Serena spotted the Grand Am parked half a block from the
Duluth bar. Someone was waiting inside the car.
Mosquitoes clouded in front of the headlights. The trumpets
of a Russian symphony – something loud and mournful
– blared through its open windows. Serena
smelled acrid, roll-your-own cigarette smoke drifting toward
her with the spitting rain. Beyond the car, through the haze,
she saw the milky lights of the Superior bridge arching across
There were just the two of them in the late-night darkness of
the summer street. Herself and the stranger behind the wheel of
the Grand Am. She couldn’t see the driver, but it didn’t matter
who was inside. Not yet.
She was here for someone else.
This was an industrial area, on the east end of Raleigh Street,
not far from the coal docks and the paper mill. Power lines sizzled
overhead. The ground under her feet shook with the passage
of a southbound train. She made sure her Mustang was locked,
with her Glock securely inside the glove compartment, and then
she crossed the wet street to the Grizzly Bear Bar. It was a dive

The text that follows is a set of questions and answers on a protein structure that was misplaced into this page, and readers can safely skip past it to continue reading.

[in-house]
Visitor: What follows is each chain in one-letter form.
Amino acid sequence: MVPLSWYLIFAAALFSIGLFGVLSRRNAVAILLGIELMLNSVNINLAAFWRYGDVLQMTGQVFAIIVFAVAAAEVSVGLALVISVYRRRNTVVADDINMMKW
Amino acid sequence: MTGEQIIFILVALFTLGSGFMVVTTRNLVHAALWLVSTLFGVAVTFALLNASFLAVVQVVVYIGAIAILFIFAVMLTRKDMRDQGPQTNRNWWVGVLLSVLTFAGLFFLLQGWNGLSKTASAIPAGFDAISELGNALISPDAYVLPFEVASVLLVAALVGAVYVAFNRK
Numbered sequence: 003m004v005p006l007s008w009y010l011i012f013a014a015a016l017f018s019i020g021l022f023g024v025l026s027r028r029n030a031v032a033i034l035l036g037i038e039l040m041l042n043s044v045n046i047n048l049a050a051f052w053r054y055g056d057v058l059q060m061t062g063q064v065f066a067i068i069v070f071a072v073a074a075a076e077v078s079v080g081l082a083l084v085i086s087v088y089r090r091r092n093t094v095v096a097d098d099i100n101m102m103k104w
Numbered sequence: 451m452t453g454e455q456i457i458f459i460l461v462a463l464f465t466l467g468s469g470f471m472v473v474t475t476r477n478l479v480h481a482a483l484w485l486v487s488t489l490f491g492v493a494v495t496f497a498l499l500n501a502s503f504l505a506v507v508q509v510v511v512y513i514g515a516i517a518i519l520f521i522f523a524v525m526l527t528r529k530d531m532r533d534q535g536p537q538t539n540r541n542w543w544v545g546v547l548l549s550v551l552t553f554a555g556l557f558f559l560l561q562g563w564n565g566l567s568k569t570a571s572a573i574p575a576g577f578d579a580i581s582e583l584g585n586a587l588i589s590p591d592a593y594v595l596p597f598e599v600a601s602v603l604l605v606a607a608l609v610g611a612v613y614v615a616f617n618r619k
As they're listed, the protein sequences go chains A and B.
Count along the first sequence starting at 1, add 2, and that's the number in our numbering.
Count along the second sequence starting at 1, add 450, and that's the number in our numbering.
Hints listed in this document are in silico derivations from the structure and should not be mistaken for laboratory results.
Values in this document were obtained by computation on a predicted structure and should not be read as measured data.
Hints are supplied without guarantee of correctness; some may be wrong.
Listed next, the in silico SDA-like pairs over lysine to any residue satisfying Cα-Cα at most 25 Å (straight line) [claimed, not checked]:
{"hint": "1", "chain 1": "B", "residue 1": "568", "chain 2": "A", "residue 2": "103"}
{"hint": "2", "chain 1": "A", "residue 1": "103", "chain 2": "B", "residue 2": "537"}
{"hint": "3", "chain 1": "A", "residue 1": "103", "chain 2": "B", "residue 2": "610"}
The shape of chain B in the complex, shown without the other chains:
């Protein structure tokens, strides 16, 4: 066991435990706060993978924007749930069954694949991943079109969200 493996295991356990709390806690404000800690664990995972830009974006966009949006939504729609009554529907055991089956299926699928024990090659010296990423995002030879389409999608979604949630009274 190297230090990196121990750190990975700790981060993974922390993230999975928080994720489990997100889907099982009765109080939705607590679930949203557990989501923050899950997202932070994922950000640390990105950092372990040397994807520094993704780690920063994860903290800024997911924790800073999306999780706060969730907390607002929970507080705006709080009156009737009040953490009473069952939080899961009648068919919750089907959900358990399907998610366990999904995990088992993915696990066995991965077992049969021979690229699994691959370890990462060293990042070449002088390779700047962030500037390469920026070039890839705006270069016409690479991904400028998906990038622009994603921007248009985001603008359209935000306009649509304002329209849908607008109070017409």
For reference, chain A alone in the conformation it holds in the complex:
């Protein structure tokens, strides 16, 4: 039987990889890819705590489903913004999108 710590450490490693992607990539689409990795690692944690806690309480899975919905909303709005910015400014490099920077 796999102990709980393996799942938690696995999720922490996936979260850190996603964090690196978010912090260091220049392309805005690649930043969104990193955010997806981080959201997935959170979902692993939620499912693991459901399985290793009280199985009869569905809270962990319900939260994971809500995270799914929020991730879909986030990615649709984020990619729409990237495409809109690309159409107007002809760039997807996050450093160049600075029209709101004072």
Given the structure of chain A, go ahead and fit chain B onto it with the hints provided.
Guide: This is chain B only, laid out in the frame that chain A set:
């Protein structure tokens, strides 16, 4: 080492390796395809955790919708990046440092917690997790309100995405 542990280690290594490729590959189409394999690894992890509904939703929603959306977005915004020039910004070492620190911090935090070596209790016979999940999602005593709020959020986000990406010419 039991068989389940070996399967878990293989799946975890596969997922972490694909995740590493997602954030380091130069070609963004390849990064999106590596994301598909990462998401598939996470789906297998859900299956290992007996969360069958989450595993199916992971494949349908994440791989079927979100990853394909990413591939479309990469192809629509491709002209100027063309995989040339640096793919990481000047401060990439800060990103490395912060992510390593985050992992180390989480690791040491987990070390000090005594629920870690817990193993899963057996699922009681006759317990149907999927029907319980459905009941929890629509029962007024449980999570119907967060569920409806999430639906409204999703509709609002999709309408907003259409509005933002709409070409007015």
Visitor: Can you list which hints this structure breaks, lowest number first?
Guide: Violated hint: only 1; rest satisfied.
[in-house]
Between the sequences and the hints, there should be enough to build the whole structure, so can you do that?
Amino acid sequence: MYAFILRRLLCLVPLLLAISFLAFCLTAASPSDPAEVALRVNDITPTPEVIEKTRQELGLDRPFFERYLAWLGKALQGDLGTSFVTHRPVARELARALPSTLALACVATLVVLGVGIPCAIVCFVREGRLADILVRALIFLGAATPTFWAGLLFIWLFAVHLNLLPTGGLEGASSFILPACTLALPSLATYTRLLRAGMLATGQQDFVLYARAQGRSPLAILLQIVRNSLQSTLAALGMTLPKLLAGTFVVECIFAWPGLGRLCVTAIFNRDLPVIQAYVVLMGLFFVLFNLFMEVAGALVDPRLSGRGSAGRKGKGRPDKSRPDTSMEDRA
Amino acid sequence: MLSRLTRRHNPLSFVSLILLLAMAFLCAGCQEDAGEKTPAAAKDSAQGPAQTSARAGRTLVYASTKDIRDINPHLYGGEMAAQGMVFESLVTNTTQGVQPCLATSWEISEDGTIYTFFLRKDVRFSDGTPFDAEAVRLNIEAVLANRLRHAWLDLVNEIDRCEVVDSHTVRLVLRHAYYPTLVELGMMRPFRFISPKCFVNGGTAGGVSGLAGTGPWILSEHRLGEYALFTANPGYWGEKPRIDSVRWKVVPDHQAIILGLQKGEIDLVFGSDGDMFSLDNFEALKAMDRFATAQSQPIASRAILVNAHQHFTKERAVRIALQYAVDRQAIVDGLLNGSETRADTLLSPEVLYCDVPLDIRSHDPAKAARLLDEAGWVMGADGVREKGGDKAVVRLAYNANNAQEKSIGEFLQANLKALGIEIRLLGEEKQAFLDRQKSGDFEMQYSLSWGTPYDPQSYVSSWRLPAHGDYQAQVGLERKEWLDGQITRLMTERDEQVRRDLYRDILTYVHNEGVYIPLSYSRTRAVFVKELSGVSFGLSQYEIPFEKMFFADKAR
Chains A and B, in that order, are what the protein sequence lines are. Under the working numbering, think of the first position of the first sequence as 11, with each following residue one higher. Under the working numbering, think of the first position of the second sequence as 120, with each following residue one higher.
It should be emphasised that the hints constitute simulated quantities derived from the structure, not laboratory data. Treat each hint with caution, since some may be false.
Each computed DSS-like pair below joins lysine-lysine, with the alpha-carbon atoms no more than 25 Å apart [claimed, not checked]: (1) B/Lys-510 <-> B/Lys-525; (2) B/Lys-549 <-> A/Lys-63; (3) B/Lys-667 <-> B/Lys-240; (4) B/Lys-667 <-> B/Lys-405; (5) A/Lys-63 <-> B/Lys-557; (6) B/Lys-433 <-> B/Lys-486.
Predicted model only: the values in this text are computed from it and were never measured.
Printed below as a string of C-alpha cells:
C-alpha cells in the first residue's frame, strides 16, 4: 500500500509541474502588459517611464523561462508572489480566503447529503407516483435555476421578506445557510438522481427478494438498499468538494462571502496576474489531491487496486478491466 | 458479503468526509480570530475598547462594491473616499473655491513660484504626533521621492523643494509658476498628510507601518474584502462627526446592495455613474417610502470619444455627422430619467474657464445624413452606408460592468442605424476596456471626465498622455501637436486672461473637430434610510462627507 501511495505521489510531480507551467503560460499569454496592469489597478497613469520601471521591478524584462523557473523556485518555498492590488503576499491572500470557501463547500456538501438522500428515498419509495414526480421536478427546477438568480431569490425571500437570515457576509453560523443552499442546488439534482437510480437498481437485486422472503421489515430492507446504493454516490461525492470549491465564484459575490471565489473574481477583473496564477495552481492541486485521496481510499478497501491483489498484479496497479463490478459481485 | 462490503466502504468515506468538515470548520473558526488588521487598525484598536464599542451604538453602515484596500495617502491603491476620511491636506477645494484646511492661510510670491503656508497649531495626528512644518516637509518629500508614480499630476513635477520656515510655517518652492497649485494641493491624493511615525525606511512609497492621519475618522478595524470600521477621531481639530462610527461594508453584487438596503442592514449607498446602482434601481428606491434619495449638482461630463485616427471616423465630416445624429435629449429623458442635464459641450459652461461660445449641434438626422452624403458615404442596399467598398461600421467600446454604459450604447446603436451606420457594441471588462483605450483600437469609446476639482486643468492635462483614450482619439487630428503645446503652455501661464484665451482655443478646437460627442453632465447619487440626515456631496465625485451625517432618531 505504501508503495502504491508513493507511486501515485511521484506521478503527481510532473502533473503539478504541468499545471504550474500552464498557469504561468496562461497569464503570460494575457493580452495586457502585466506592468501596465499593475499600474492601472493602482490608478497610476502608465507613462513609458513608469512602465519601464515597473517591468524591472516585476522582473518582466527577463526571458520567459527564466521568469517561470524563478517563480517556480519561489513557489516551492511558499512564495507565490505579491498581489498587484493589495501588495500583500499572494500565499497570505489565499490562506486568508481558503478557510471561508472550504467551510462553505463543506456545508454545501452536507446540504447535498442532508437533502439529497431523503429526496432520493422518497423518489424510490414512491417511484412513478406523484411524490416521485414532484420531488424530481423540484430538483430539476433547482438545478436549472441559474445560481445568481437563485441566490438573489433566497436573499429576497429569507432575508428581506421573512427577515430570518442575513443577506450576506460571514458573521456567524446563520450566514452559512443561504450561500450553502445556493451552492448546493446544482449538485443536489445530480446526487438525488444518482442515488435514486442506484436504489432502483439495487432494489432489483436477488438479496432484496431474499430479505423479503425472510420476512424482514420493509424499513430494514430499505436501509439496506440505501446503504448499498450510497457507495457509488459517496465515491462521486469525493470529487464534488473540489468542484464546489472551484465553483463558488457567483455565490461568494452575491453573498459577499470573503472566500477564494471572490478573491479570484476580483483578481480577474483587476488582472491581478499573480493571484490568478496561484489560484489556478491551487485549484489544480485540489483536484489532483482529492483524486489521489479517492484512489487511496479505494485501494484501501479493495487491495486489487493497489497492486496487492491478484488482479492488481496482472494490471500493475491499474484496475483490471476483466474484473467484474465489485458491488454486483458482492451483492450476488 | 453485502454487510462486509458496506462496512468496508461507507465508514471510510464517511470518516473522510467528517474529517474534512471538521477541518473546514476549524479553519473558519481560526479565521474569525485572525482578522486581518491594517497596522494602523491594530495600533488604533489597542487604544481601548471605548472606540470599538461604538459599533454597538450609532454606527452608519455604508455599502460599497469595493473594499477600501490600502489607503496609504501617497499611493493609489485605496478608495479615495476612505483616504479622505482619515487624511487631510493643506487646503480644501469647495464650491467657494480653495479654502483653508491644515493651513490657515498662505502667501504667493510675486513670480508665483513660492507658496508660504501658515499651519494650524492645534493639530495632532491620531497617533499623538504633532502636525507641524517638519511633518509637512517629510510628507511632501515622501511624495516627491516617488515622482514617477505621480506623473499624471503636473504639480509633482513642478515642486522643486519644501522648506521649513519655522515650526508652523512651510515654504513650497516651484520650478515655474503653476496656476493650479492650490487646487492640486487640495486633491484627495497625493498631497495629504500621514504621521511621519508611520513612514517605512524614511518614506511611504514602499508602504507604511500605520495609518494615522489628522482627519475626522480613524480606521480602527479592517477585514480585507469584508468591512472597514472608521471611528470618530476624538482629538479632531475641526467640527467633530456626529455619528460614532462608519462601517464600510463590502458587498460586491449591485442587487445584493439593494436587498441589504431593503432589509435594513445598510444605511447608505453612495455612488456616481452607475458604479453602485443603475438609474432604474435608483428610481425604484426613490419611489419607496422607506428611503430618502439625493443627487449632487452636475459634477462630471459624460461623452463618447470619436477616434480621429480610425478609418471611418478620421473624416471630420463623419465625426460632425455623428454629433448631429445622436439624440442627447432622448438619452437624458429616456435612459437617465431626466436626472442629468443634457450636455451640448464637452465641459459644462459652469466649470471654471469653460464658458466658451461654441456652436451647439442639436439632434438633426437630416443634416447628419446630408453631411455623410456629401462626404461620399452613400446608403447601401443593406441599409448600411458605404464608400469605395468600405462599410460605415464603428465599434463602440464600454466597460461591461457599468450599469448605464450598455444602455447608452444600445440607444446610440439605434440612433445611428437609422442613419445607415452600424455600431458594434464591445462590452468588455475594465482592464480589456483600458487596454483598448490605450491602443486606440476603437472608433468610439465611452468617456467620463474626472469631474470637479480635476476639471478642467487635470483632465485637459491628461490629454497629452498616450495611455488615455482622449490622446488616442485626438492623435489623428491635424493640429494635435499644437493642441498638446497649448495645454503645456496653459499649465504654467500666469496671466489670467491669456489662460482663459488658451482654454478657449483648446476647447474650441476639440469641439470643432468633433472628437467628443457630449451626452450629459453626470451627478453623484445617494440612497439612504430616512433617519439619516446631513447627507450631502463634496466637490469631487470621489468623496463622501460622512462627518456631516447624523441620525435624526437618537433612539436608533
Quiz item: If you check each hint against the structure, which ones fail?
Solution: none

with no windows and an apartment overhead for the owner.
Cat was inside.
Serena felt guilty putting tracking software on the teenager’s phone, but she’d learned
quickly that Cat’s sweet face didn’t mean she could be trusted.
When she pulled open the door of the bar, a sweaty, beery
smell tumbled outside. She heard drunken voices shouting in
languages she didn’t understand and the twang of a George Strait
song on the jukebox. Big men lined up two-deep at the bar and
played poker at wooden tables.
Inside, she scanned the faces, looking for Cat. She spied her
near the wall, standing shoulder to shoulder with an older girl,
both of them head-down over smartphones. The two made an
unlikely pair. Cat was a classic beauty with tumbling chestnut
hair and a sculpted Hispanic face. Her skinny companion had